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Crying wolf: Invoking “national security” as grounds for censorship

Lashmar, P. ORCID: 0000-0001-9049-3985 (2023). Crying wolf: Invoking “national security” as grounds for censorship. In: Steel, J. & Petley, J. (Eds.), The Routledge Companion to Freedom of Expression and Censorship. . Routledge. doi: 10.4324/9780429262067-36


Citing “national security” is a catch-all defence for governments justifying repressive actions against journalists who are probing incompetence, corruption and malfeasance by the state. For governments its merit is that it trades on the mystique and unknowability of the world of intelligence, where the public accepts there are some matters that only government can judge. However it frequently abuses a fundamental: The political contract between the people and the state whereby the citizen surrenders certain rights to government in return for security. Frequently drawing on the author’s own experiences as a journalist, the chapter covers matters such as the Spycatcher affair, the repeated attempts to toughen the Official Secrets Act so as to deter further whistle-blowers, the use of the Islamicist terror threat in order to increase the frequency of the use of the “national security” justification for censorship in many jurisdictions, and the publication by The Guardian of classified documents leaked by former National Security Agency (NSA) contractor Edward Snowden, which revealed that the eavesdropping agencies of the US, UK, Australia, Canada and New Zealand had acted illegally. The paper was threatened by the government and attacked by government-supporting newspapers and the intelligence lobby for allegedly undermining national security. The chapter argues that such responses to revelations of official wrongdoing make the media’s role as a watchdog guarding the public interest well-nigh impossible. This pattern is repeated in many countries, and the result is the growth of unfettered national security states in which the fourth estate has all but lost its investigative capability.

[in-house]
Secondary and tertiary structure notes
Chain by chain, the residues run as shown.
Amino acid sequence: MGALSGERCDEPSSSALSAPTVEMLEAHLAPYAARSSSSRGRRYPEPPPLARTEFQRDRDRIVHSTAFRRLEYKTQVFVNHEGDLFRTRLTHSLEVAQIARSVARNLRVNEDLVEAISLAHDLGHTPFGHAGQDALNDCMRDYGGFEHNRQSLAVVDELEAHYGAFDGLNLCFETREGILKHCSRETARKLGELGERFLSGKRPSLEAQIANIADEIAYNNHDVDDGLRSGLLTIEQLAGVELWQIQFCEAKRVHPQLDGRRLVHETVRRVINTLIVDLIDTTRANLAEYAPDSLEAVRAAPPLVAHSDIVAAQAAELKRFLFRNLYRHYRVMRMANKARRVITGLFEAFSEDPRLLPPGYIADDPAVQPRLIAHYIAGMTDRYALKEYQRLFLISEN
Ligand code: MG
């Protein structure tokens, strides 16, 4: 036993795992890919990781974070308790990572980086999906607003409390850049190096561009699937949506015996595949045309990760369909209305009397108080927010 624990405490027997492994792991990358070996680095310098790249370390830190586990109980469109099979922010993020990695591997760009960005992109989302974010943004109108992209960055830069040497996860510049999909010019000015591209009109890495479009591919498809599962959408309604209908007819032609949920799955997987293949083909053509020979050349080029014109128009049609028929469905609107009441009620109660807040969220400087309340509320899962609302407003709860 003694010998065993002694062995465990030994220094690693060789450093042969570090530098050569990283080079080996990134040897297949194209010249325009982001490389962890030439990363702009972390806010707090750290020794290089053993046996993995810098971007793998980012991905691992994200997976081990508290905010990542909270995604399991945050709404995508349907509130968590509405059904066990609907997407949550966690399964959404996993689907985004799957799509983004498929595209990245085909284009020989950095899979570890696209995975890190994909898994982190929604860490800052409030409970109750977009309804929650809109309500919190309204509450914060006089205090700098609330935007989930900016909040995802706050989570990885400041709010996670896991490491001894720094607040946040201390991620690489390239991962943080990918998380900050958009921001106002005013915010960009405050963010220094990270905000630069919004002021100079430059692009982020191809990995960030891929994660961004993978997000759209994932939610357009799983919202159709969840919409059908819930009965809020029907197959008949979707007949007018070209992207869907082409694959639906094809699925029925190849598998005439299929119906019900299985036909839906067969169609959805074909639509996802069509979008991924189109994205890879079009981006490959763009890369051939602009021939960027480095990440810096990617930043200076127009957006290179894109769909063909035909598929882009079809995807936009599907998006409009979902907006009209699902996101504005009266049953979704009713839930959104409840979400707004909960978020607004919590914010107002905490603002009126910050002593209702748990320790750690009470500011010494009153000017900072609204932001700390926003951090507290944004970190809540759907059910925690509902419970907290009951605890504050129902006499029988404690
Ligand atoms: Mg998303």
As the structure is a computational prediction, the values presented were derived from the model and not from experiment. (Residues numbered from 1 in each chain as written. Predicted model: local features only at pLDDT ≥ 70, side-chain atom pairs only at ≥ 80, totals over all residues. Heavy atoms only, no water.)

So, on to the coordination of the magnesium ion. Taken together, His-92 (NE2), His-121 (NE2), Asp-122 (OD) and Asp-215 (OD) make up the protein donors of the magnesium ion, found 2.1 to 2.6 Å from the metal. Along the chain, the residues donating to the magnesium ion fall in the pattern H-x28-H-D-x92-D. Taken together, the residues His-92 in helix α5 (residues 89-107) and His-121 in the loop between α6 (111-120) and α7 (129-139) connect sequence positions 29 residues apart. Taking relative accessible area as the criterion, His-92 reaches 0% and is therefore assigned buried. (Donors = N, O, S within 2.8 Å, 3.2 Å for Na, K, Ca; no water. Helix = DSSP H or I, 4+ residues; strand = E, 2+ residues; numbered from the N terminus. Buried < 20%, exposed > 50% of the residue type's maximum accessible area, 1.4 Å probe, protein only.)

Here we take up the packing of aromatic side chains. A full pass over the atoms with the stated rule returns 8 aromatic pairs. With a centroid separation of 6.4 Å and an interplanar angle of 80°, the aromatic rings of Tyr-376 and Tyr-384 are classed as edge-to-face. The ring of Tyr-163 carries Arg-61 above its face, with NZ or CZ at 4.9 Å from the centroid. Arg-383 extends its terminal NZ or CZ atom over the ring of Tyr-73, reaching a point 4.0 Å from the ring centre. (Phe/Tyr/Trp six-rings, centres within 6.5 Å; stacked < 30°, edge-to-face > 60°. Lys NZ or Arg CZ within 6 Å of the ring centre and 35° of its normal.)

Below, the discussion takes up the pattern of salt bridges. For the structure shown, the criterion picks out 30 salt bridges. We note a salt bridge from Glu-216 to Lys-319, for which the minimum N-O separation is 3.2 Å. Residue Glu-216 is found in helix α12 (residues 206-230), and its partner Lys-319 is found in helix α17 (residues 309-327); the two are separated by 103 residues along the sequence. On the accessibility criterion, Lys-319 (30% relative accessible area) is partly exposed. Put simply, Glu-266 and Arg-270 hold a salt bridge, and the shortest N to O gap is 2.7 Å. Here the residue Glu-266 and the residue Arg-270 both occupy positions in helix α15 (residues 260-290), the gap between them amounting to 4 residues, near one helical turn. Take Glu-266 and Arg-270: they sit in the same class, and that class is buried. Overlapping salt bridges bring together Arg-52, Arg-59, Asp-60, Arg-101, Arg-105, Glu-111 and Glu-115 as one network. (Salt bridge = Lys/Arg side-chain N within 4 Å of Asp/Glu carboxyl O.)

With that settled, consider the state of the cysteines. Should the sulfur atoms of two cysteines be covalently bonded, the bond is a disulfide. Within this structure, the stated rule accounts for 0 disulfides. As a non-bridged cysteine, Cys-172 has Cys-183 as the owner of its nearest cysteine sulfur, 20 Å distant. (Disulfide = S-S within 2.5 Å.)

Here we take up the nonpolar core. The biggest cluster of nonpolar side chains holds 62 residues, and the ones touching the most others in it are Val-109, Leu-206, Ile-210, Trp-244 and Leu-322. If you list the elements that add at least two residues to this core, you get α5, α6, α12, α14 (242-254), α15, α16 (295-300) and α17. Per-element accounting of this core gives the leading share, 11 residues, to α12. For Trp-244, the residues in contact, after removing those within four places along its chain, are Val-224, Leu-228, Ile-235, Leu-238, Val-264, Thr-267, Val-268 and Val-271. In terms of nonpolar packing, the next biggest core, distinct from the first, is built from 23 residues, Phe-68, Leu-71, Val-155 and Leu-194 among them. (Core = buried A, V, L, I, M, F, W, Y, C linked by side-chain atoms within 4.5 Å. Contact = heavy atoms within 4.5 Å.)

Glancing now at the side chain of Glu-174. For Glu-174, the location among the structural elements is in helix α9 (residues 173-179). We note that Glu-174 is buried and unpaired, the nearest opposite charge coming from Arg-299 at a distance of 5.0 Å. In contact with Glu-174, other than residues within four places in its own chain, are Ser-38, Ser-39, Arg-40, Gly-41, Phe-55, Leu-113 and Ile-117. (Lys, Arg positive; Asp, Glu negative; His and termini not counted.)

Publication Type: Book Section
Additional Information: This is an Accepted Manuscript of a book chapter published by Routledge in The Routledge Companion to Freedom of Expression and Censorship on 11 December 2023, available online:
Subjects: J Political Science > JA Political science (General)
K Law > K Law (General)
Departments: School of Communication & Creativity > Journalism
[thumbnail of Complete Lashmar - Copy PL rev(1).pdf] Text - Accepted Version
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